Posted: Tue Apr 08, 2008 8:11 pm
by Cèid
eideard wrote: And if you're in the southern US you'll also hear "A 'm good."
:? Nonsense. I've lived in the South for over 20 years, and I've never hear anyone say that. Southern Americans say "I'm good," as well as "I'm fine" (which is more common) and "I'm doing good/well/fine," usually followed by "thanks" or "thank you" because Southerners still value politeness as well as forming complete sentences. (A side note: While some wanna-be grammaticians might quibble over whether "I'm good" is "proper" English, actually it's prefectly fine, seeing in colloquial American English, one says "I'm well" to refer more specifically to one's present state of physical health. "I'm good/fine" or "I'm doing well/good/fine" are used more to express mood, mental/emotional state, or state of personal circumstances.)

Sorry, but while I'm not a native Southerner, I've come to have a lot of respect for them and for how well they have preserved "good" English in their colloquial speech, despite the common stereotypes about them or how other people consciously or unconsciously "mishear" Southerners due to their own personal biases.


Back to the topic: while it's great they're coming out (eventually) with a new learner's book, what I would really like to see is more intermediate materials available.

Posted: Mon Apr 28, 2008 8:07 pm
by *Alasdair*
An t-Iuchar 15mh a-nis...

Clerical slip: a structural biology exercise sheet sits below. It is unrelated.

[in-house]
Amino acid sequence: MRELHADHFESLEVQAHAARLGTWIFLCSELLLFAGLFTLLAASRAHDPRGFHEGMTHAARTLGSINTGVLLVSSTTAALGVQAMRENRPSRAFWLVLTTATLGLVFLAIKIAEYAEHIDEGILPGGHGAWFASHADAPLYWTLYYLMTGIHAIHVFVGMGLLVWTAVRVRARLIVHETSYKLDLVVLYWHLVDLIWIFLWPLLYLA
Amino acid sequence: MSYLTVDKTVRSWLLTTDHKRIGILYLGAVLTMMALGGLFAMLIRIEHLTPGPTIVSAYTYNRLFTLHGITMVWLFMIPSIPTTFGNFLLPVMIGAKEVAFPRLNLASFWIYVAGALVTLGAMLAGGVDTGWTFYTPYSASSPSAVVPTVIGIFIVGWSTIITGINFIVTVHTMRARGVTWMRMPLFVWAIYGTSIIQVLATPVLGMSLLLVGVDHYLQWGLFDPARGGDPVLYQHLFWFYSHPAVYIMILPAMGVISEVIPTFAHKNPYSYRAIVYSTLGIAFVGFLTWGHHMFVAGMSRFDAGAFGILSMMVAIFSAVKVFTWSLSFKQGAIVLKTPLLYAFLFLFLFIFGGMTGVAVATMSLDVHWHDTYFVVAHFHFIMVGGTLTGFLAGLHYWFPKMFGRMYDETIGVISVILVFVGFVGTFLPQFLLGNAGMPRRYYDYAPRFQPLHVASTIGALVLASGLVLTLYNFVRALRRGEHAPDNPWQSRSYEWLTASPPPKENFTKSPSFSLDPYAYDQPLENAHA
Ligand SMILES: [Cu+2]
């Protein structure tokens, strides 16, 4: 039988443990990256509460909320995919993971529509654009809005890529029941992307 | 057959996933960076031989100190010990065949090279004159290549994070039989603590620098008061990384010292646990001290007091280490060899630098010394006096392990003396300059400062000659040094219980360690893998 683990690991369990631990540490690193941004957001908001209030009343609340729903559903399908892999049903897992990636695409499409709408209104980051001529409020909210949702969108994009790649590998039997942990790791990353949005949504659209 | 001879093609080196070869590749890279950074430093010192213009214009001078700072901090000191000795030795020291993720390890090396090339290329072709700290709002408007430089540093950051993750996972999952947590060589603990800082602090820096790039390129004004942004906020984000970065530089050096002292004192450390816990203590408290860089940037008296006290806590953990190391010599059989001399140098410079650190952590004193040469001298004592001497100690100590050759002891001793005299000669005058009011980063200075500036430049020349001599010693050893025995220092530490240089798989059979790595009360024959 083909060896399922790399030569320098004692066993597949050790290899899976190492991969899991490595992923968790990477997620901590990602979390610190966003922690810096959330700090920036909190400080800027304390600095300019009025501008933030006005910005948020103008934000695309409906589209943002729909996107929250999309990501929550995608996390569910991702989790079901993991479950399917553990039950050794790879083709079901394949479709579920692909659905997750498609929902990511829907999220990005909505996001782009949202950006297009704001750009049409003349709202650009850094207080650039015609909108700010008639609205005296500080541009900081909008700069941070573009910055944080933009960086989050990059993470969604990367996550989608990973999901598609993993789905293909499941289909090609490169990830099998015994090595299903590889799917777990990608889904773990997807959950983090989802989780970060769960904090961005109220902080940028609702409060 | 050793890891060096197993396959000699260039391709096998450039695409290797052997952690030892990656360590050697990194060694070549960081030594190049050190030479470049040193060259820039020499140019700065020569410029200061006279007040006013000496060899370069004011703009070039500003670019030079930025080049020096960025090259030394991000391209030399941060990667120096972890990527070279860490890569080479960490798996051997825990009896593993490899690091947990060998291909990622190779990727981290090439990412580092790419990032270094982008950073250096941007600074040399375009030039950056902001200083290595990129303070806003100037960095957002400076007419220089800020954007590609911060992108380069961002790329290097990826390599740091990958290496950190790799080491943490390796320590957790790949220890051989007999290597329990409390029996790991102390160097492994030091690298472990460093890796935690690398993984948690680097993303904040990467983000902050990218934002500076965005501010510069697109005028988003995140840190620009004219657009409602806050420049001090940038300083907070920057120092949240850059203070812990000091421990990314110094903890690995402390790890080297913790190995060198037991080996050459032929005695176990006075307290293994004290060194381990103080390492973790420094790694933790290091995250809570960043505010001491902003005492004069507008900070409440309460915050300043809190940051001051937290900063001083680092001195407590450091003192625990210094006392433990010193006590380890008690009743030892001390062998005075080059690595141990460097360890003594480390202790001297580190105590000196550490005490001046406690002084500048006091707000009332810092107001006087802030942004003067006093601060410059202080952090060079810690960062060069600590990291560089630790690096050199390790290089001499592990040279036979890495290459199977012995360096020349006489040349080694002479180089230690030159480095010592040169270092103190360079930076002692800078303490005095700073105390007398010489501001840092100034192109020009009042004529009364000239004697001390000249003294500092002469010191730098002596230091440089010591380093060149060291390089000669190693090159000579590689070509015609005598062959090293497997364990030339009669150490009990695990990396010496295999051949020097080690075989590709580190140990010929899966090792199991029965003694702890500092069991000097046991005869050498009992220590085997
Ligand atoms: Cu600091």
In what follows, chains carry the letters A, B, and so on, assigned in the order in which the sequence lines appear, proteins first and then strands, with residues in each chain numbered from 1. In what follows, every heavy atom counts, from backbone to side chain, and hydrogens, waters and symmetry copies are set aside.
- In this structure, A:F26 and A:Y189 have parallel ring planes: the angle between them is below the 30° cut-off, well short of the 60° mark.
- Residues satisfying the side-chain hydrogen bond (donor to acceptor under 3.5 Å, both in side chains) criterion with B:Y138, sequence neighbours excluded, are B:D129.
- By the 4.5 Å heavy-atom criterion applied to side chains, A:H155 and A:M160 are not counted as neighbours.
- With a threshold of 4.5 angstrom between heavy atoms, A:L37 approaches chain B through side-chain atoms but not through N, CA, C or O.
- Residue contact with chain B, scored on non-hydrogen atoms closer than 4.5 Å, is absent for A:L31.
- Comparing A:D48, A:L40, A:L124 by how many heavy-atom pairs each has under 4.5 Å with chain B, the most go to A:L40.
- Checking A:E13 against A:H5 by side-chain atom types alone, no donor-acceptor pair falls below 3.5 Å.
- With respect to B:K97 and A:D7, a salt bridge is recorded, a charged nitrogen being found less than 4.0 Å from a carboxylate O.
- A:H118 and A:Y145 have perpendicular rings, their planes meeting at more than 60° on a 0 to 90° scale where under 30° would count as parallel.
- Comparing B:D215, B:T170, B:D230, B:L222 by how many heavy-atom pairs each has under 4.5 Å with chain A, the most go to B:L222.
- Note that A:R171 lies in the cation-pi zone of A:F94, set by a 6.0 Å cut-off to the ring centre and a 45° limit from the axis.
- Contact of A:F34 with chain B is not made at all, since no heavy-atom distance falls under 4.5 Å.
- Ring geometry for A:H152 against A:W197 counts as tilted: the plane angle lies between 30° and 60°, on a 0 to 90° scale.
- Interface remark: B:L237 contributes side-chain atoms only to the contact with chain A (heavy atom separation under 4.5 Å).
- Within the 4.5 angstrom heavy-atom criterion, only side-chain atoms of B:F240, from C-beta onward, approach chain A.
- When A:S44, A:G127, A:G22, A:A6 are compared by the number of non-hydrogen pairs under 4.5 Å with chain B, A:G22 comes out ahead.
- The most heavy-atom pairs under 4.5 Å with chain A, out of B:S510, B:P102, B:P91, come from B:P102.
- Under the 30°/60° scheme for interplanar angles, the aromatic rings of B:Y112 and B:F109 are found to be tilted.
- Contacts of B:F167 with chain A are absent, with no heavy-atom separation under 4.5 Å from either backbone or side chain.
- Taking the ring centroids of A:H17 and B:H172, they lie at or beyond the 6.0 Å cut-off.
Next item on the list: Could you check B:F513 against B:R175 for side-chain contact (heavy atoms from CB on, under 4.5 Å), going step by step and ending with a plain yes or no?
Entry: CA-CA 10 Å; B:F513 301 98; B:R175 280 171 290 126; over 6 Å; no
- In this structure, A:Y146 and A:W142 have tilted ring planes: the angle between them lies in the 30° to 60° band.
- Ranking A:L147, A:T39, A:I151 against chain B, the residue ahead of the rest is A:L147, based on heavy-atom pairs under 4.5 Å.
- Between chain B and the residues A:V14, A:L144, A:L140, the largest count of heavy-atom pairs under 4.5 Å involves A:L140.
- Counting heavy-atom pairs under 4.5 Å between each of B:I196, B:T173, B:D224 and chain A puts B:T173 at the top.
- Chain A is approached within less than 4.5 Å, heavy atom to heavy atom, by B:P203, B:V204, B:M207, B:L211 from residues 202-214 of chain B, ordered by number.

July 15th.

Posted: Mon May 12, 2008 8:16 pm
by *Alasdair*
An t-Sultain a-nis...
September now...

Posted: Tue May 13, 2008 3:01 pm
by Níall Beag
As I understand it, this doesn't indicate an intention to withdraw the book. I recall hearing (perhaps from our resident bookseller) that "low order" books get shuffled backwards routinely when demand for a popular title increases. No point resetting the presses for a couple of thousand Gaelic books when there's demand for a couple of hundred thousand Booker Prize winners!

This book'll probably appear when there's a bit of a lull in the bestsellers.

Posted: Tue May 20, 2008 7:34 pm
by Rù-ra
The hold-up is apparently due to major delays with the final proof-reading. They are still waiting, and can't go to print until it has been properly proof-read.

Posted: Tue Jul 15, 2008 12:23 am
by *Alasdair*
15mh an t-Sultain a-nis.

A dh'aithgearr!

15th Sept.
Soon!

Posted: Tue Jul 15, 2008 6:51 am
by Rù-ra
The book is now ready, but they are still trying to find someone to do the recordings for the CD. So far, everyone they have asked either says no or is too busy to do the recordings straight away.

Posted: Tue Jul 15, 2008 12:56 pm
by *Alasdair*
Rù-ra wrote:The book is now ready, but they are still trying to find someone to do the recordings for the CD. So far, everyone they have asked either says no or is too busy to do the recordings straight away.
Since you seem to have insider knowledge, are they planning on distributing the book on its own first, then the CD version later?